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Antimicrobial activity of collagen casing impregnated with nisin against foodborne microorganisms associated with ready-to-eat sausage

Batpho, Kasirin, Boonsupthip, Waraporn, Rachtanapun, Chitsiri
Food control 2017 v.73 pp. 1342-1352
Fourier transform infrared spectroscopy, Lactobacillus plantarum, Listeria monocytogenes, Staphylococcus aureus, agar, anti-infective properties, bacteria, cell viability, collagen, color, food pathogens, food safety, minimum inhibitory concentration, nisin, ready-to-eat foods, sausages, shelf life, spoilage bacteria, tensile strength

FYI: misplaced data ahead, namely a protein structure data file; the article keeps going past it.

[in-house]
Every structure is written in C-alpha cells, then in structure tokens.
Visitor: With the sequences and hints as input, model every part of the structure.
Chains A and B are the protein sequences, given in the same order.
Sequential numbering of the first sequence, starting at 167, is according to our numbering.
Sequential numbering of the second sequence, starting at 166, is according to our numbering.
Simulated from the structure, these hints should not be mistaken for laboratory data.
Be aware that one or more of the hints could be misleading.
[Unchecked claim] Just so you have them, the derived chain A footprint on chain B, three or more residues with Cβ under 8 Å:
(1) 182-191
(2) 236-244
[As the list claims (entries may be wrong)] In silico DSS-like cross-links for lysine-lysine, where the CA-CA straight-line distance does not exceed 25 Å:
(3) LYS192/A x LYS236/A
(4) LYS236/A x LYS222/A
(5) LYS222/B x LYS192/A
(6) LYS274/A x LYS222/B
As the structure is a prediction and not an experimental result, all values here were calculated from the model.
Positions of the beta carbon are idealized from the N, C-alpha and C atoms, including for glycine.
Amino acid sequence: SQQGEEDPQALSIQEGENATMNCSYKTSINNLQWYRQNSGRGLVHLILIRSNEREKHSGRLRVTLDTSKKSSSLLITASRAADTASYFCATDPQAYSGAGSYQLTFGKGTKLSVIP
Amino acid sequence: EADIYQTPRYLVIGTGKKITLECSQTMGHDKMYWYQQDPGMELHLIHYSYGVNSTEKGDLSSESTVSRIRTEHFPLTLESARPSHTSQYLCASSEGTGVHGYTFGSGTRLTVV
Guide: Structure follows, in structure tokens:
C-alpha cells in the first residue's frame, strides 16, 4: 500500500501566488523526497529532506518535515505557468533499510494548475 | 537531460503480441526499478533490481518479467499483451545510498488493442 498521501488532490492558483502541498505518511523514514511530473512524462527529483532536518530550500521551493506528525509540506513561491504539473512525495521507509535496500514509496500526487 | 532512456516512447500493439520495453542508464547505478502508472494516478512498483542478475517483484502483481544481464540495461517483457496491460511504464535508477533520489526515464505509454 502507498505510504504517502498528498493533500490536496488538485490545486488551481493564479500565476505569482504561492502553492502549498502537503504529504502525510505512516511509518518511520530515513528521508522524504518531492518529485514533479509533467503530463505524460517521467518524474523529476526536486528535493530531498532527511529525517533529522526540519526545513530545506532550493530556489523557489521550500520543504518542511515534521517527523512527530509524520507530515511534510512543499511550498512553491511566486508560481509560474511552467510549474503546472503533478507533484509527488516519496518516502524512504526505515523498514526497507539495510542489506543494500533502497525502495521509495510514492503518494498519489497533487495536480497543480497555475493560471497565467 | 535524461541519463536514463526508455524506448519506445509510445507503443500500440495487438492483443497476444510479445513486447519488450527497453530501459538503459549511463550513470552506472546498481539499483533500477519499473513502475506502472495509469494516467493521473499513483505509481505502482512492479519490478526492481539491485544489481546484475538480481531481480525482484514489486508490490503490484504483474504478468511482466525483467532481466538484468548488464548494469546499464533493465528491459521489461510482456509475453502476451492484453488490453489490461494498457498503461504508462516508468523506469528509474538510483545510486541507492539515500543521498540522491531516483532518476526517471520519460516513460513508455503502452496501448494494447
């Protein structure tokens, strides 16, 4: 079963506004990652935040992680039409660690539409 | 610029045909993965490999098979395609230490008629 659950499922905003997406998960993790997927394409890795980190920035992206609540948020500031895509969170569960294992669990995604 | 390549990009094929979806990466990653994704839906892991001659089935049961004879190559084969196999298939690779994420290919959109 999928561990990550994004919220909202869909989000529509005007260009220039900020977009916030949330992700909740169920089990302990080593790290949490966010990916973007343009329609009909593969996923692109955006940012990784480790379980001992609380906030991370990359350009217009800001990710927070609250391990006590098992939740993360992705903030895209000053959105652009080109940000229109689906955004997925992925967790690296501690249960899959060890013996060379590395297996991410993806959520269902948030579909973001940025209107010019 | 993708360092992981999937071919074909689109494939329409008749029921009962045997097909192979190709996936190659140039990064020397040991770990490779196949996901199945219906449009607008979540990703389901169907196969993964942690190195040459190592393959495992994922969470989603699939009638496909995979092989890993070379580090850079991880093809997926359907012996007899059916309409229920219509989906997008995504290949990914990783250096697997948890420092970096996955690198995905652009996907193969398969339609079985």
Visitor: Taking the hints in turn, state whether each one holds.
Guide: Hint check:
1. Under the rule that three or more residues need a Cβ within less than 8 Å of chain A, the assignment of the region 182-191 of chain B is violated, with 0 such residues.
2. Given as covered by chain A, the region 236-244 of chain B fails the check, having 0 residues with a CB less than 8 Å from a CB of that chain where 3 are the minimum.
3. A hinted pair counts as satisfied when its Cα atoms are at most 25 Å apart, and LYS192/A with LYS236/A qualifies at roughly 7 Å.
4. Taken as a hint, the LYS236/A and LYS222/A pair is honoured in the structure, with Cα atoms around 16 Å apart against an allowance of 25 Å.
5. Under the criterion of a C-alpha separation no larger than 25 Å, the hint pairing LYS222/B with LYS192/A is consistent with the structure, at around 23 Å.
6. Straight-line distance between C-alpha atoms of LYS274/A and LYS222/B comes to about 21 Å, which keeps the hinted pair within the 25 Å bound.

Antimicrobial collagen casing incorporated with nisin was developed to inhibit foodborne pathogens and spoilage bacteria associated with ready-to-eat (RTE) sausage. Collagen casing was impregnated with 10,000 ppm of nisin solution at vacuum pressure (-680 mmHg) under various conditions of a vacuum time range from 150 to 600 s and an atmospheric time range from 30 to 90 s. The antimicrobial activity of the collagen casing impregnated with nisin was screened using the survival cell count method against Listeria monocytogenes strain Scott A. After that, the most active antimicrobial casing was examined both in vitro and in Vienna sausage. In vitro, the antimicrobial casing decreased L. monocytogenes by 2.8 log CFU/mL, Staphylococcus aureus by 2.1 log CFU/mL and Lactobacillus plantarum by 2.4 log CFU/mL (>99% reduction) when compared with a pre-treated collagen casing (CTRL). After applied to the sausage, the antimicrobial casing extended shelf-life of the sausage at least 90 days at 4 °C and 49 days at 10 °C, respectively. Furthermore, it reduced artificially inoculated L. monocytogenes by 1.1 log CFU/g (>90% reduction) during storage at 4 °C. The concentration of nisin released from the casing was evaluated using the agar well diffusion method. An amount of 852 ppm nisin was released from the antimicrobial casing which was higher than the minimum inhibitory concentration (MIC) values of tested bacteria (25–250 ppm). The FTIR spectral band of the antimicrobial casing showed interaction between nisin and collagen casing at 1800-800 cm−1. Furthermore, physical properties of the antimicrobial casing and CTRL were not significantly different in color, thickness and percent elongation (%E) but the tensile strength of IMP was higher than CTRL. Therefore, it can be concluded that the antimicrobial collagen casing impregnated with nisin has the potential to control foodborne microorganisms in order to enhance the microbial food safety and shelf life of RTE sausage.